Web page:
July 9, 2024

Diana Tall

Professional Advice


Hydraulic pumps are crucial elements of hydraulic systems, which allow the creation of flow through the fluid and the transformation of mechanical energy into hydraulic power. They are utilized in many industries, such as manufacturing, construction, automobile, and aviation. By applying force to the hydraulic fluid, typically oil, the hydraulic pumps boost the pressure and cause a flow, allowing for the transfer of energy to hydraulic actuators such as motors and cylinders. 

What are hydraulic pumps?

Pumps for hydraulics are machines designed to produce fluid flow and generate hydraulic power in a system. They are an essential element of hydraulic systems extensively used in various sectors and applications, such as manufacturing, construction, automobile, and aviation. The pneumatic-driven hydraulic pump utilizes compressed air to power its mechanism and generates hydraulic pressure for the system.


Hydraulic pumps operate on the concept of fluid mechanics. They utilize fluid mechanics and inherent characteristics in hydraulic fluids to create pressure and flow. This is a brief description of how hydraulic pumps function:

Input power 

Pumps powered by hydraulics are powered by an energy source, for example, electricity or an internal combustion engine. The input power powers the pump’s mechanism, which triggers fluid flow.

Suction phase

In the suction period, the pump creates a low-pressure zone within its suction or inlet port. This low-pressure area allows the hydraulic fluid to flow into the pump via an inlet or reservoir source.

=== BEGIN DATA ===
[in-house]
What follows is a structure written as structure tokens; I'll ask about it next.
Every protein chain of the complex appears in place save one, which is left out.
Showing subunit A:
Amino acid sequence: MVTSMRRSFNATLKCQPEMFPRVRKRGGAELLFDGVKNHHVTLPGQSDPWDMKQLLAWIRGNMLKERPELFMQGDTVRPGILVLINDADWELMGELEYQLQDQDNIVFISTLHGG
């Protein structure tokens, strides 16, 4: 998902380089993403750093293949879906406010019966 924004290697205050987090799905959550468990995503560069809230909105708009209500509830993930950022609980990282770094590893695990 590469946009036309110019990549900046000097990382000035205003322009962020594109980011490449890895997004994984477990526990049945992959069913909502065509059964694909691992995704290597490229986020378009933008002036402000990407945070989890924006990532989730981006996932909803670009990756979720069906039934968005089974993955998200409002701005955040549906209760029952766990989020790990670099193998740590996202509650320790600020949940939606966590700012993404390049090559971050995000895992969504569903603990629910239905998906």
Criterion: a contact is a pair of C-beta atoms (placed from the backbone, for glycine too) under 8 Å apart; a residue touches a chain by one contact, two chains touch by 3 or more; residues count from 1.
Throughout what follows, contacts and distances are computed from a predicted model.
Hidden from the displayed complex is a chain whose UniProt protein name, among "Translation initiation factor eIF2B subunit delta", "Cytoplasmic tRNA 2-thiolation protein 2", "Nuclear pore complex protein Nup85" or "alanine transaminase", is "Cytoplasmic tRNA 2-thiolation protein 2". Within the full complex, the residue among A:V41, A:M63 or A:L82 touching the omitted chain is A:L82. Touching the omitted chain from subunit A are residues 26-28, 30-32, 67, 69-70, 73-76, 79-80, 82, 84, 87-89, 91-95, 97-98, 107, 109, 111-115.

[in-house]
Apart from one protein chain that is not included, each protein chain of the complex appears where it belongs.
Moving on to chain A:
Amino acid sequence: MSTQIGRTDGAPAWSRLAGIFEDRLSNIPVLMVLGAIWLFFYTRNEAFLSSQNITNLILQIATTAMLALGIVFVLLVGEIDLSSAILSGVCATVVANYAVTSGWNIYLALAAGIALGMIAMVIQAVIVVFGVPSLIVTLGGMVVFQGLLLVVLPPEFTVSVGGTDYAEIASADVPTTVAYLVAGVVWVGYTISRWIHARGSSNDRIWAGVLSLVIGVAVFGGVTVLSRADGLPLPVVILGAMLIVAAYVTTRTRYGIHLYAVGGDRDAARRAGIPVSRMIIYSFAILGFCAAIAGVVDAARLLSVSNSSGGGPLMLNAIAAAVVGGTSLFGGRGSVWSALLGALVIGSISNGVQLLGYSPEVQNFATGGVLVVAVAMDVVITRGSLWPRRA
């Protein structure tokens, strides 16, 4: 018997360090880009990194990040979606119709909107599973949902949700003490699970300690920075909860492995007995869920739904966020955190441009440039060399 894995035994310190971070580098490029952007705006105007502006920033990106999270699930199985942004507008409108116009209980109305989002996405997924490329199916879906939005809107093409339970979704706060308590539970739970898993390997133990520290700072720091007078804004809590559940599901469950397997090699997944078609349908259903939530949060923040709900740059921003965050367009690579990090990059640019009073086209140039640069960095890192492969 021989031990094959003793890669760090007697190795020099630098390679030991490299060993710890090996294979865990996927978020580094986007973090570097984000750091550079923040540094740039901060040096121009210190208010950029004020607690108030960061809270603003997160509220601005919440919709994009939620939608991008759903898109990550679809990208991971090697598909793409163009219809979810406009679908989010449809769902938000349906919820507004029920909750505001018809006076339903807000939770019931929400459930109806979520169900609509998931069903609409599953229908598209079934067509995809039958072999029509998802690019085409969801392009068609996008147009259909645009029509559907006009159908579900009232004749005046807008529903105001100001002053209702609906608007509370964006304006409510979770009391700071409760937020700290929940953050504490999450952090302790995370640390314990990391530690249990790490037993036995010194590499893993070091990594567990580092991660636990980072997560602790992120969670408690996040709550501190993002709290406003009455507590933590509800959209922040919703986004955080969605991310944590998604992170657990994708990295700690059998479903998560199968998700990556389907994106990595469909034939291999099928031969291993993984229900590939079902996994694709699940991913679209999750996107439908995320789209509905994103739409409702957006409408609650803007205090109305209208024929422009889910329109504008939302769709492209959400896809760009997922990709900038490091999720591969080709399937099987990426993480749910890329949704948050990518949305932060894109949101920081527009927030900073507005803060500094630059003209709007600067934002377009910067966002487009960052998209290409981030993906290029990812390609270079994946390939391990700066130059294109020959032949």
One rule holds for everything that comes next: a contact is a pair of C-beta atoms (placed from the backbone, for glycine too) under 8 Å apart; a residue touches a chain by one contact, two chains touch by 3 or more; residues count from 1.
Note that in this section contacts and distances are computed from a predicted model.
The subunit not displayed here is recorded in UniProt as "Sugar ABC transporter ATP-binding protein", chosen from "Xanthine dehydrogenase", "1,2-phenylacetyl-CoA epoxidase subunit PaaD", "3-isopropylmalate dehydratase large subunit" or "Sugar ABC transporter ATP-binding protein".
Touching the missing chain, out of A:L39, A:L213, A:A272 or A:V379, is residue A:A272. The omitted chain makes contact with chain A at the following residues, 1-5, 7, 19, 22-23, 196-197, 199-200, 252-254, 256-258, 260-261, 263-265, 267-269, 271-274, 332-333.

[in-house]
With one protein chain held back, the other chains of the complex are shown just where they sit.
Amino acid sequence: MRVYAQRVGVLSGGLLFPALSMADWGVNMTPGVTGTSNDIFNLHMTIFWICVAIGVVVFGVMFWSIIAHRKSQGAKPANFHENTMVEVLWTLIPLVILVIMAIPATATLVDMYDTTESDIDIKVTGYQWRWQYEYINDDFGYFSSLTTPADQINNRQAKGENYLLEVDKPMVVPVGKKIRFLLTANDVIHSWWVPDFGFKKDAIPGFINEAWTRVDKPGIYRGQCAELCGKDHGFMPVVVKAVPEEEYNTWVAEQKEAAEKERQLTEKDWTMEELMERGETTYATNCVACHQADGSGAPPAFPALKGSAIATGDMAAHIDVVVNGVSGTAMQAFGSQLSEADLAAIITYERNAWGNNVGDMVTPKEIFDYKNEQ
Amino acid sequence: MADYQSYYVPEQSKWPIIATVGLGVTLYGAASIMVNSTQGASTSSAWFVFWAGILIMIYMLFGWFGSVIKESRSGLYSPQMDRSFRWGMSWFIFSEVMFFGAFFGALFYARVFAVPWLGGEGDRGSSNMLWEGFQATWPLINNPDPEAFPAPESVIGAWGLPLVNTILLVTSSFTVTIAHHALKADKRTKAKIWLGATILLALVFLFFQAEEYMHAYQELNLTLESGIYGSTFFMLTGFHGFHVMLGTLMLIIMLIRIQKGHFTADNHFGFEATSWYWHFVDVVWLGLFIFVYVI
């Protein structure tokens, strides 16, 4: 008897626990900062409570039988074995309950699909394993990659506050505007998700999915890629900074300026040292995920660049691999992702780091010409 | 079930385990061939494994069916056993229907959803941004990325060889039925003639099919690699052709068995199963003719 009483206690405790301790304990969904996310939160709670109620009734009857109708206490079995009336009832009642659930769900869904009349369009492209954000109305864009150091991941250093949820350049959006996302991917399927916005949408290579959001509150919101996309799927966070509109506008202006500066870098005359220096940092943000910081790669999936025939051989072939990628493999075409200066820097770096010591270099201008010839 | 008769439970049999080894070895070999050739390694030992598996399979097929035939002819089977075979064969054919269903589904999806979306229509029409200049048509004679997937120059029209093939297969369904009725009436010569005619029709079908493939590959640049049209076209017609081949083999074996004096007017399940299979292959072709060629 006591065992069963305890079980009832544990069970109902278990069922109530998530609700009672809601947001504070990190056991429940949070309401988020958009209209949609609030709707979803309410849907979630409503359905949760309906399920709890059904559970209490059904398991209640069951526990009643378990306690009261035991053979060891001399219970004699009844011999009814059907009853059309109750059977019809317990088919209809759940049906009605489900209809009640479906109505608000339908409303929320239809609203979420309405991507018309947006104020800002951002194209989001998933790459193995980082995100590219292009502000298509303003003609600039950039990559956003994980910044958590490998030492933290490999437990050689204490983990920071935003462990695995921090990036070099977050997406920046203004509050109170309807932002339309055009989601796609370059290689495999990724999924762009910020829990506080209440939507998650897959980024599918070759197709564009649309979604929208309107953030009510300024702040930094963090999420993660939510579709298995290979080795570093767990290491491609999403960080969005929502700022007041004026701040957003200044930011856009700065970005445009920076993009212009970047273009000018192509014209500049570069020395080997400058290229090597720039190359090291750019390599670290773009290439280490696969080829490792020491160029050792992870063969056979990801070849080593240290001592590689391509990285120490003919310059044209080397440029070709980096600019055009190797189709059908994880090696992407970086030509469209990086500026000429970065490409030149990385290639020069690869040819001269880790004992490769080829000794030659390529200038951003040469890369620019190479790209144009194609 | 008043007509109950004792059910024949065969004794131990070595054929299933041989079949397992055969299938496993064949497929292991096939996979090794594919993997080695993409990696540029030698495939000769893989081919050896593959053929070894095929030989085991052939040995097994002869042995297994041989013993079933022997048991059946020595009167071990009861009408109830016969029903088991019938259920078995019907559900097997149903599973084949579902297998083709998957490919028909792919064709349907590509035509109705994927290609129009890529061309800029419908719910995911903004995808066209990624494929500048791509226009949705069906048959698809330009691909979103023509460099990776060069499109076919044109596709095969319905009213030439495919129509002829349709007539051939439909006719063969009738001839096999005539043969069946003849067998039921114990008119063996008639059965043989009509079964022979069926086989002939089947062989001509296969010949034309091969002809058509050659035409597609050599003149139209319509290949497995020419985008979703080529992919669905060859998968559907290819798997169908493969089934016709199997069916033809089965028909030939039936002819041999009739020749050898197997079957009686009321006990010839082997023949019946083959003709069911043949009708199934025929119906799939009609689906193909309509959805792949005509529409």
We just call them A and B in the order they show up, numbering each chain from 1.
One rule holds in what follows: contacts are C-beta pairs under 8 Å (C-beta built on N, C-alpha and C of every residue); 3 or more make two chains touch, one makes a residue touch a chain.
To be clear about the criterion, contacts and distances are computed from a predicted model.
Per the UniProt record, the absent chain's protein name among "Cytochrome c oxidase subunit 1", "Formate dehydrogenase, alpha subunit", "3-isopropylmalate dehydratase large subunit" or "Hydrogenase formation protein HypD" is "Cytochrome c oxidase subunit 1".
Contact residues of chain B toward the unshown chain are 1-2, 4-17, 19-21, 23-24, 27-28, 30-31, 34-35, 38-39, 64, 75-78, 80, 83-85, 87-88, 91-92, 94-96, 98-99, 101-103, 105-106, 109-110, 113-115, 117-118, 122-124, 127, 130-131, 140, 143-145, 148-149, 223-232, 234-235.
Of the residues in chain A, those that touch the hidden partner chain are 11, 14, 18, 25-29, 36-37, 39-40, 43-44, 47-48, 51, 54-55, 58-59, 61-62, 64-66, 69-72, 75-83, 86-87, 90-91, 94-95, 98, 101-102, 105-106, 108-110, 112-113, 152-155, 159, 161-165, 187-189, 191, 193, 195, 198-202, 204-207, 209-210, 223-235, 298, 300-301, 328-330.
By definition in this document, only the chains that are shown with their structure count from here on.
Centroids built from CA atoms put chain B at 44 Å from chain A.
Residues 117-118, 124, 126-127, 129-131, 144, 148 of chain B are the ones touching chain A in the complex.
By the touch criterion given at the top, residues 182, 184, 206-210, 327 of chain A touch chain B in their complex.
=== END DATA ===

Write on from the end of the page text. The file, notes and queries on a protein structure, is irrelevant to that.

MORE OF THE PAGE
Fluid intake 

When the low-pressure region is formed, the hydraulic fluid is drawn into the pump via the suction port. The fluid is removed from the reservoir or into the internal pump chamber.

Pump mechanisms

The hydraulic pumps employ different tools, depending on their model. Here is a brief overview of the tool used by the most common types of pumps:

  • Gear pumps are made up of two gears that mesh that typically rotate in opposite directions. As the gears spin, they collect the liquid within the tooth and housing of the pump, which results in an upward displacement. The fluid is then transported through the suction end of the pump to its discharge.
  • Vane pumps are made up of vanes mounted on a rotor inside an elongated chamber. The rotor’s position is eccentrically so that the vanes slide into and out of their slots. When the rotor turns, the fluid gets trapped within the vanes chamber walls and the housing, leading to displacement and transfer of fluid.
  • Piston pumps employ pistons that rotate or plungers to push your hydraulic liquid. These pumps may have either axial, radial, or bent-axis models. The plungers and pistons are moved back and forth; they draw into the fluid during suction strokes and push it out in the discharge.

Pressure generation

When the pump’s mechanism functions, it generates pressure inside the chamber of the pump. The pressure causes liquid hydraulics to flow between the side of the intake and the outlet side or discharge side of the pump.

Fluid Flow

Fluid flow-created pressure will push the hydraulic fluid through the outlet and discharge ports. The fluid then flows toward the hydraulic actuators, such as motors or cylinders, for work or to move machinery.

Return path

When the hydraulic fluid has completed its job in the hydraulic system, it goes back to the reservoir for the pump or to an external storage tank. This allows the fluid to be used again within the system of hydraulics.